Questions? Ask me 3!

In a previous blog “Why Didn’t They Say it Like That? Health Literacy,” I gave a general overview of Health Literacy and some steps that we, as nurses, can take to address the issues of low health literacy in our day-to-day practice. In this blog I would like to take a more in-depth look at one way to engage our patients to become more active and engaged partners in their health care.

The ideal time to educate patients on becoming informed consumers of health care is when he or she is healthy and ther
e are no immediate concerns to address. Nurses often interact with patients when a concern about some aspect of his or her health comes up. It may be an acute or chronic condition, and it is apparent to us as clinicians that further treatment is necessary. Many times there is more than one treatment option available and the patient looks to the clinician for guidance on what to do.

Using the Ask Me 3 concept developed by the National Patient Safety Foundation(NPSF) is a way that we can educate our patients when they are healthy, as well as when there is a health care need that must be addressed. The concept is simple, three questions that the patient should ask each time they have an appointment or hospitalization. The three questions are:

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What is my main problem?
What do I need to do?
Why is it important for me to do this?

Let
’s look at each of these questions in more detail.

What is my main problem? Patients are often unable to understand and process multiple items at one time; and when there are numerous health conditions in play, this complexity becomes even more overwhelming. The clinician needs to assess the situation and prioritize how to work with the patient. For example, if a patient comes in with a blood glucose of 200 and a blood pressure of 140/90 both items will need to be managed, but the blood glucose is what is most concerning at that moment. By narrowing the focus to one problem we increase the chances of the patient understanding the concern. Patients that understand their health issues are less likely to make mistakes when they take their medicine and care for themselves at home.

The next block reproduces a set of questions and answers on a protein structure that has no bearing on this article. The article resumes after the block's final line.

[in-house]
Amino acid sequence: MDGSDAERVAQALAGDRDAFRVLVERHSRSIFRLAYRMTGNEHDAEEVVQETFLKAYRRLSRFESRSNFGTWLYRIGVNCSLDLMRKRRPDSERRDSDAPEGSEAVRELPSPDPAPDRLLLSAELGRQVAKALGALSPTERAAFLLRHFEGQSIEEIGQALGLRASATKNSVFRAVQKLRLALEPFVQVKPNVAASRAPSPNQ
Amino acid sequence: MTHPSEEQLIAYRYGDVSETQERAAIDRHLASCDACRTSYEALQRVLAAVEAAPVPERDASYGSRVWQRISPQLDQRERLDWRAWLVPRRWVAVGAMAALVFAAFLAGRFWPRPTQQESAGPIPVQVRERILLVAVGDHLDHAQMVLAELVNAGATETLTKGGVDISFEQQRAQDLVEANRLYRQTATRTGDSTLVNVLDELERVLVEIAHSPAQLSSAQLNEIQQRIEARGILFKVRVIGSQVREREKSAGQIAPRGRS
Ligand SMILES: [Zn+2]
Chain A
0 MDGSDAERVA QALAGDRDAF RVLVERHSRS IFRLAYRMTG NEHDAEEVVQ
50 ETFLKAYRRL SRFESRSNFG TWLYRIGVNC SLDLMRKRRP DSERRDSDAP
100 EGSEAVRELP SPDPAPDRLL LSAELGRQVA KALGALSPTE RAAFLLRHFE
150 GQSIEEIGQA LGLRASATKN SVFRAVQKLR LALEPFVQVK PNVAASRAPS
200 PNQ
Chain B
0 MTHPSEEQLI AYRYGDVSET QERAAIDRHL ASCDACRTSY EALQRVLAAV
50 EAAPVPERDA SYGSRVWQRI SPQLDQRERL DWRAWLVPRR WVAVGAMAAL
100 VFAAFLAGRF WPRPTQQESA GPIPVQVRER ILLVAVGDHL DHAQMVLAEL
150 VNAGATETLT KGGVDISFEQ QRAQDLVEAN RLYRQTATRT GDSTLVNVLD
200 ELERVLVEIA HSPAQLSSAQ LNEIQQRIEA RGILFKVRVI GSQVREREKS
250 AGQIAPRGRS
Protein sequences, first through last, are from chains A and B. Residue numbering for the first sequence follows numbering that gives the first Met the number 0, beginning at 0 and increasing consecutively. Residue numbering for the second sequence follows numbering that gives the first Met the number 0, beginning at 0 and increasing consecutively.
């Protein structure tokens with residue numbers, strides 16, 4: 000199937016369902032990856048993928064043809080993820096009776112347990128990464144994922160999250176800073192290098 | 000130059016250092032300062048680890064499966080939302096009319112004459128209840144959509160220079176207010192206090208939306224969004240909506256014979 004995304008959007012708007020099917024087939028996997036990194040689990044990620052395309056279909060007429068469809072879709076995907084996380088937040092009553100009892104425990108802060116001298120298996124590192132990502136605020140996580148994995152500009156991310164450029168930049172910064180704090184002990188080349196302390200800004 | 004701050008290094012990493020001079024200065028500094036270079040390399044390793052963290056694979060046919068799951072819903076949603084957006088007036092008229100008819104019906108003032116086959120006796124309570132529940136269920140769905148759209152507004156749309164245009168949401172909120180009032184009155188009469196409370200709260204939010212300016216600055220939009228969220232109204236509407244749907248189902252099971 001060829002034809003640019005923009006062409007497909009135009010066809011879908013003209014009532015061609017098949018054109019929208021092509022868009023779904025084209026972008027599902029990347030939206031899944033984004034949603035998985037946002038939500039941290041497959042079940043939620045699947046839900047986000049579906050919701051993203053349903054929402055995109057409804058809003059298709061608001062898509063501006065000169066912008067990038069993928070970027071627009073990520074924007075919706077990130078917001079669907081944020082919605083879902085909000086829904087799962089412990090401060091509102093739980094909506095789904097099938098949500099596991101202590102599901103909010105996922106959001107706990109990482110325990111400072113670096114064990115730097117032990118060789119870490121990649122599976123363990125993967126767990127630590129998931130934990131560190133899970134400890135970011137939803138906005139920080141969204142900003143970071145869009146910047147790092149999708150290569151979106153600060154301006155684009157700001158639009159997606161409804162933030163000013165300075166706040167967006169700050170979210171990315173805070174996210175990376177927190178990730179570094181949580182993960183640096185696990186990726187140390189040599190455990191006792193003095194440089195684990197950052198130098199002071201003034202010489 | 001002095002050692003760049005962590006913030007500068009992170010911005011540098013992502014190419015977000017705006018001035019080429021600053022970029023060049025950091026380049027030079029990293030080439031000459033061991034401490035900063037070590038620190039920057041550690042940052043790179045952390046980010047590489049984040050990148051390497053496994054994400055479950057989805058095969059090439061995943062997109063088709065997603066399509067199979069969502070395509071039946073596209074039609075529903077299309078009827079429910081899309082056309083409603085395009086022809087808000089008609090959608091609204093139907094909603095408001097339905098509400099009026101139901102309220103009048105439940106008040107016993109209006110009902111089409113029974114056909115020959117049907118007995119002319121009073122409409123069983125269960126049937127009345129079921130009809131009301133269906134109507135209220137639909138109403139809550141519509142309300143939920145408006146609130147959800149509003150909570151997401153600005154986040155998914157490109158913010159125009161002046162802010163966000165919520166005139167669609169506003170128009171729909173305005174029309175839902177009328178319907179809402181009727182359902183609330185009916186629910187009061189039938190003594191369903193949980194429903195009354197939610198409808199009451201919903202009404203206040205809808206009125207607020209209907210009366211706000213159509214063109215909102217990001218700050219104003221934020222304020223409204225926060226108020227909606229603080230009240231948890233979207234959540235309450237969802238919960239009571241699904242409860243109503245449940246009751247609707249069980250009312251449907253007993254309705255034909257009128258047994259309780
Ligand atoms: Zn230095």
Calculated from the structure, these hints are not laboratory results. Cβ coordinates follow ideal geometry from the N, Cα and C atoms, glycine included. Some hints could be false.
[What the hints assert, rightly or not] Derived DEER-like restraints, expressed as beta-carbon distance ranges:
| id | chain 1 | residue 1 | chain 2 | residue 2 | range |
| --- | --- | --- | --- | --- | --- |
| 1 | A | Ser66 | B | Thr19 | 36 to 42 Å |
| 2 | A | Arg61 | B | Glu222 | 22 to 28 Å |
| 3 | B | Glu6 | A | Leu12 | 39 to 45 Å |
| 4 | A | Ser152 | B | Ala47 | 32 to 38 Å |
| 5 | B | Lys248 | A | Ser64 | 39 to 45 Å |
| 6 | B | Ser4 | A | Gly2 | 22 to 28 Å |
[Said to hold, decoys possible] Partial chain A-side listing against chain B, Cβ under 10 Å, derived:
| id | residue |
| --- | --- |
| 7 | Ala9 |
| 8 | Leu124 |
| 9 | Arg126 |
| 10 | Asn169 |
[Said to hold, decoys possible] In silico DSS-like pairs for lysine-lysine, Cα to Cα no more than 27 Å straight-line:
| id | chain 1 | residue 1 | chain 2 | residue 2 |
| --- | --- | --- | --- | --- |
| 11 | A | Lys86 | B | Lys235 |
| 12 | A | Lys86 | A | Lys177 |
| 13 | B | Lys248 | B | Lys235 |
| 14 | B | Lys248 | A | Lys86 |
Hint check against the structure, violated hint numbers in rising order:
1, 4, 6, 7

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What do I need to do? Here is the chance to revisit any education that has already occurred and put it in simple terms the patient is more likely to understand. Include any visual aids that are available including pictures and videos. Ensure that all of your teaching materials are also available in other languages. Encourage patients to ask this question during each interaction with health care staff so that they receive the necessary repetition and guidance.

Why is it important for me to do this? When the patient asks this question, clinicians have another chance to reinforce why the patient needs to be an active participant in taking care of themselves once they are at home. Again, answers to this question should be put in simple terms the patient understands. “It is important for you to walk after surgery to help you heal quickly and without complications. I know you don’t have a lot of energy right now, so short walks to around the house are fine. Try to do this 5 times a day.”

There a multiple ways to implement Ask Me 3; educating staff, posting materials in waiting and exam rooms, and discussing Ask Me 3 with patients and families. The National Patient Safety Foundation (NPSF) has many complimentary resources and materials available to assist you in getting started. You can find more information on their website at www.npsf.org.

Patients are sometimes embarrassed to ask questions. By creating an environment where questions are encouraged patients are more likely to be active participants in their health care, less likely to make mistakes when caring for themselves, have positive outcomes, and increased patient satisfaction.

Questions? Ask Me 3!

Christina Salm

Christina is a registered nurse who has practiced in a wide variety of settings from rural, critical access hospitals, to academic, acute care facilities, hospice, case management, and healthcare insurance operations. This diverse background has set Christina’s course as a leader in advancing positive change for clinicians. Her work has led to awards such as the MCG Doyle Award for Healthcare leadership and innovation. She is passionate about the role of nursing as patient advocates, health literacy and navigating the healthcare system. Her philosophy is that nurses have a unique role acting as translators to advance patient’s understanding of what they need to do to be well and clinicians understanding of what is most important to the patient and how that influences his/her health.

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